But there's nothing it can do about OR queries (this is a solvable problem but the logic is complex, here's the bug):

In [15]:
patt = Chem.MolFromSmarts('[#6]-[#1,#6]',mergeHs=True)
Chem.MolToSmarts(patt)
Out[15]:
'[#6]-[#1,#6]'

While fixing the PAINS SMARTS definitions (see below) I worked around this shortcoming in the current version of the code by manually editing the affected SMARTS, so something like the above example would become: [#6;!H0,$([#6]-#6])]

Back to the PAINS

The SLN->SMARTS translation that Rajarshi did resulted in SMARTS that contain explicit Hs. So in order to have the PAINS be useful, I needed to make sure that the H merging was working as well as possible and that

The first step in testing and cleaning up the SMARTS was to find molecules that match when explicit Hs are present, but which don't match when the Hs are implicit. Here's some code I used for doing that:

print("   reading patts")
smas = [x[0] for x in csv.reader(open('./wehi_pains.csv'))]
opatts = [Chem.MolFromSmarts(x,mergeHs=False) for x in smas]
patts = [Chem.MolFromSmarts(x,mergeHs=True) for x in smas]

print("   reading mols")
smis = [x[0] for x in csv.reader(open('./test_data/wehi_mols.csv'))]
ms = [Chem.MolFromSmiles(x) for x in smis]
mhs = [Chem.AddHs(x) for x in ms]

print("   filtering")
matches=[]
found=0
for i,(m,mh) in enumerate(zip(ms,mhs)):
    for j,(patt,opatt) in enumerate(zip(patts,opatts)):
        t1 = m.HasSubstructMatch(patt)
        t2 = mh.HasSubstructMatch(opatt)
        if t1:
            found+=1        
        if t1^t2:
            matches.append((i,j,smis[i],smas[j]))
            print(i,j,smis[i],smas[j])
    if not (i+1)%100:
        print("    Done: ",i+1," matches: ",len(matches)," found: ",found)
print("    Done: ",i+1," matches: ",len(matches)," found: ",found)

The idea is simple: find cases where one form of the pattern matches and the other doesn't.

Starting from the SMARTS definitions and 10K test molecules provided as part of the KNIME PAINS paper I did a number of passes of pattern-tweaking and bug-fixing until the above code produced no matches.

The next step, more time consuming, was to repeat the process for a larger set of molecules: the 1.4 million molecules in the ChEMBL20 SDF.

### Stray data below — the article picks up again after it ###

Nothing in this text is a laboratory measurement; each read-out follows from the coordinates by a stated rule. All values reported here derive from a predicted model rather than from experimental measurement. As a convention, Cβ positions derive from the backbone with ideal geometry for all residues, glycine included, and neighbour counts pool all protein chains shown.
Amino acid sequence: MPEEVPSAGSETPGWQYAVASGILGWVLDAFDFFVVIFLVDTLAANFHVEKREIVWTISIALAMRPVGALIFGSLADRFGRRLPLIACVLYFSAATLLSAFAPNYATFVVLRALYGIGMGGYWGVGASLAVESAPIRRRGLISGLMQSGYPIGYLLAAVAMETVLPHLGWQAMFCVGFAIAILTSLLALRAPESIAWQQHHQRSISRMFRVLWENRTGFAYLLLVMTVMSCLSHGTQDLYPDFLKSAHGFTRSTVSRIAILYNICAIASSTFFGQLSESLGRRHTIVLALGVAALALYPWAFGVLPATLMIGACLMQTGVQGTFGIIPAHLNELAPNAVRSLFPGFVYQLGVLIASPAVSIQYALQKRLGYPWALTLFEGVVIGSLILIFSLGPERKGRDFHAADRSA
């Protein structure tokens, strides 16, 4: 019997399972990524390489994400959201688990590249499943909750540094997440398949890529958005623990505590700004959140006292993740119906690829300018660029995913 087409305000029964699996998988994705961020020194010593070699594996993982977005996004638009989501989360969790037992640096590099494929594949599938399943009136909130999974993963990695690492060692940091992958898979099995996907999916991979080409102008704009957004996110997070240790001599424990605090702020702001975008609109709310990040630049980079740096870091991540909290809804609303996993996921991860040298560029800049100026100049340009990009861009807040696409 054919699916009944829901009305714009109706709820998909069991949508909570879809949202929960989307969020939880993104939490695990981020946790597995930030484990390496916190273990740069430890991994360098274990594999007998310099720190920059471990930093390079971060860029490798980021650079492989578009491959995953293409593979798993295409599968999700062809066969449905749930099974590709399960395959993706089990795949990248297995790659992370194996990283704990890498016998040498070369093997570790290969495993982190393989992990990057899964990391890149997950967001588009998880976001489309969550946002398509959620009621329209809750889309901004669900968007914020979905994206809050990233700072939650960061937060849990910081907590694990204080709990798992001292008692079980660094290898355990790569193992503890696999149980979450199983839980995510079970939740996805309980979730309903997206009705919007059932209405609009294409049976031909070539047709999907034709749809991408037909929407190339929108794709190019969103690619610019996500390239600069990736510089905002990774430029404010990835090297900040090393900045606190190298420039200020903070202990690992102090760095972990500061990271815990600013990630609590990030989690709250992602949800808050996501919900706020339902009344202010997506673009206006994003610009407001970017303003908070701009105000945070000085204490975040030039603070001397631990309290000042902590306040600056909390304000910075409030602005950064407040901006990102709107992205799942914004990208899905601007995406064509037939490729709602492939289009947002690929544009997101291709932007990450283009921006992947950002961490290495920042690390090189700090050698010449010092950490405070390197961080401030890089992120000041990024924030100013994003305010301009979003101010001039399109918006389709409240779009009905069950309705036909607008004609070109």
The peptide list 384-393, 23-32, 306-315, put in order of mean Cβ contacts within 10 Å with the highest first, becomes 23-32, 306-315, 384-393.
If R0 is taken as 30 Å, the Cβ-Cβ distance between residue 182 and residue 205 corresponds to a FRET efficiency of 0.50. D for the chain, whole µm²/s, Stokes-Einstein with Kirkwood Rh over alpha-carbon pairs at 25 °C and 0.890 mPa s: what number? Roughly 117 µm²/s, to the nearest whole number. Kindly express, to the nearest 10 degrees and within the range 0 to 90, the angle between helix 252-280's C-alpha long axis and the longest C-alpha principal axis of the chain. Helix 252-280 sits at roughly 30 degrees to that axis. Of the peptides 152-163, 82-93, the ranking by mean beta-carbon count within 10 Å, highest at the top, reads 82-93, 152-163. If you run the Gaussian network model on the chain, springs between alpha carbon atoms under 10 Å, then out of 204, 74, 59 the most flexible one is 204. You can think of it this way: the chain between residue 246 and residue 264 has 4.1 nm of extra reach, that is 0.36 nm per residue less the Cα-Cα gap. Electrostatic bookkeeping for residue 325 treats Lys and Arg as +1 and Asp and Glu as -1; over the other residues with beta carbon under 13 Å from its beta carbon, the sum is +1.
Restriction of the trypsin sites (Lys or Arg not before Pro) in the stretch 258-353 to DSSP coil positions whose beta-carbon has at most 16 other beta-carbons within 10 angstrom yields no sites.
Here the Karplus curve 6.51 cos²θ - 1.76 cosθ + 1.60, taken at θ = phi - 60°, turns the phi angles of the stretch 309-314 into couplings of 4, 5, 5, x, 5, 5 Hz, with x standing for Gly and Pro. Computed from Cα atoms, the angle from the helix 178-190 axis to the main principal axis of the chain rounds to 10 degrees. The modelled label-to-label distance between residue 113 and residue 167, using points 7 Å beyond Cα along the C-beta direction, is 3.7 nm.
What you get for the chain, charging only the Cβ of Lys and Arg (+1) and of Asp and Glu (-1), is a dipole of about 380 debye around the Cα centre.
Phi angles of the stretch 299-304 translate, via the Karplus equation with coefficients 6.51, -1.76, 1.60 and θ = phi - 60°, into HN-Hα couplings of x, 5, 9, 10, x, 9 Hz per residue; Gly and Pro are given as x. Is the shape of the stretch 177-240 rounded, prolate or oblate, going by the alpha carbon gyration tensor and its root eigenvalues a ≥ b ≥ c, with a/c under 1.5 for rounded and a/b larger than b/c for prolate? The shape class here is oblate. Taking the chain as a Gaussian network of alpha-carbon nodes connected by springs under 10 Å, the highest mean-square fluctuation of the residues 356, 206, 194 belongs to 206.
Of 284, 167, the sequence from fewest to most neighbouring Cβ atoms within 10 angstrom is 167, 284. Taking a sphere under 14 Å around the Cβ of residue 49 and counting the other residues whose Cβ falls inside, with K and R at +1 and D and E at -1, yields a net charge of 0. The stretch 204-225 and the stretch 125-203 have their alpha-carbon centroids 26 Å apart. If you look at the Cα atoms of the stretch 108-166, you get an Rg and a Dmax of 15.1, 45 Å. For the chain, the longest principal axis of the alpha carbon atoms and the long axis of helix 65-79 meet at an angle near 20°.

At this point I had a set of SMARTS definitions that produced the same results as on molecules without Hs as the original SMARTS did for molecules with Hs. This had been tested on ChEMBL20 and the 10K test compounds.

Producing a test set

Another nice thing to have would be a test set for the PAINS filters: a set of molecules where we know which PAINS filters they should match (and which they should not match!).

Building a good test set is hard and takes more time than I had available, but I wanted to get a start on it by finding at least one molecule that matched each of the PAINS filters.

I started using the 10K test molecules and ChEMBL20. The 10K set produced matches for 144 PAINS, ChEMBL produced matches for 293. Taking duplicates into account I now had examples for 309 of 480 PAINS. Running the set I now had across around 16 million compounds from the ZINC full set turned up another 106 matches, bringing the total to 399; 81 to go!

I figured my best bet to get the remaining 81 was PubChem, but I really didn't feel like pulling down the full set of 40+ million compounds and processing it. So I opted to use the PubChem web services API. Here's a bit of the code I used for that:

import urllib,requests,json
base = 'http://pubchem.ncbi.nlm.nih.gov/rest/pug/compound/fastsubstructure/smarts/%s/property/CanonicalSmiles/json'
pubchem={}
for key in missing_keys2:
    sma = smas[key]
    url = base%urllib.quote(sma)
    print(sma)
    try:
        r = requests.post(url)
        pubchem[key]=json.loads(r.text)
    except KeyboardInterrupt:
        break
    except:
        import traceback
        traceback.print_exc()

This returned matches that led to another round of SMARTS editing, most of which were due to differences in aromaticity models. After finishing the process, I had examples for an additional 63 SMARTS where the RDKit could generate matches. There are 18 left that I still don't have a working example for:

"[#8]-[#6](=[#8])-[#6](-[#1])(-[#1])-[#16;X2]-[#6](=[#7]-[#6]#[#7])-[#7](-[#1])-c:1:c:c:c:c:c:1","<regId=cyanamide_A(1)>"
"c:1-3:c(:c:c:c:c:1)-[#16]-[#6](=[#7]-[#7]=[#6]-2-[#6]=[#6]-[#6]=[#6]-[#6]=[#6]-2)-[#7]-3-[#6](-[#1])-[#1]","<regId=colchicine_het(1)>"
"c:1(:c(:c:2:c(:n:c:1-[#7](-[#1])-[#1]):c:c:c(:c:2-[#7](-[#1])-[#1])-[#6]#[#7])-[#6]#[#7])-[#6]#[#7]","<regId=cyano_amino_het_A(1)>"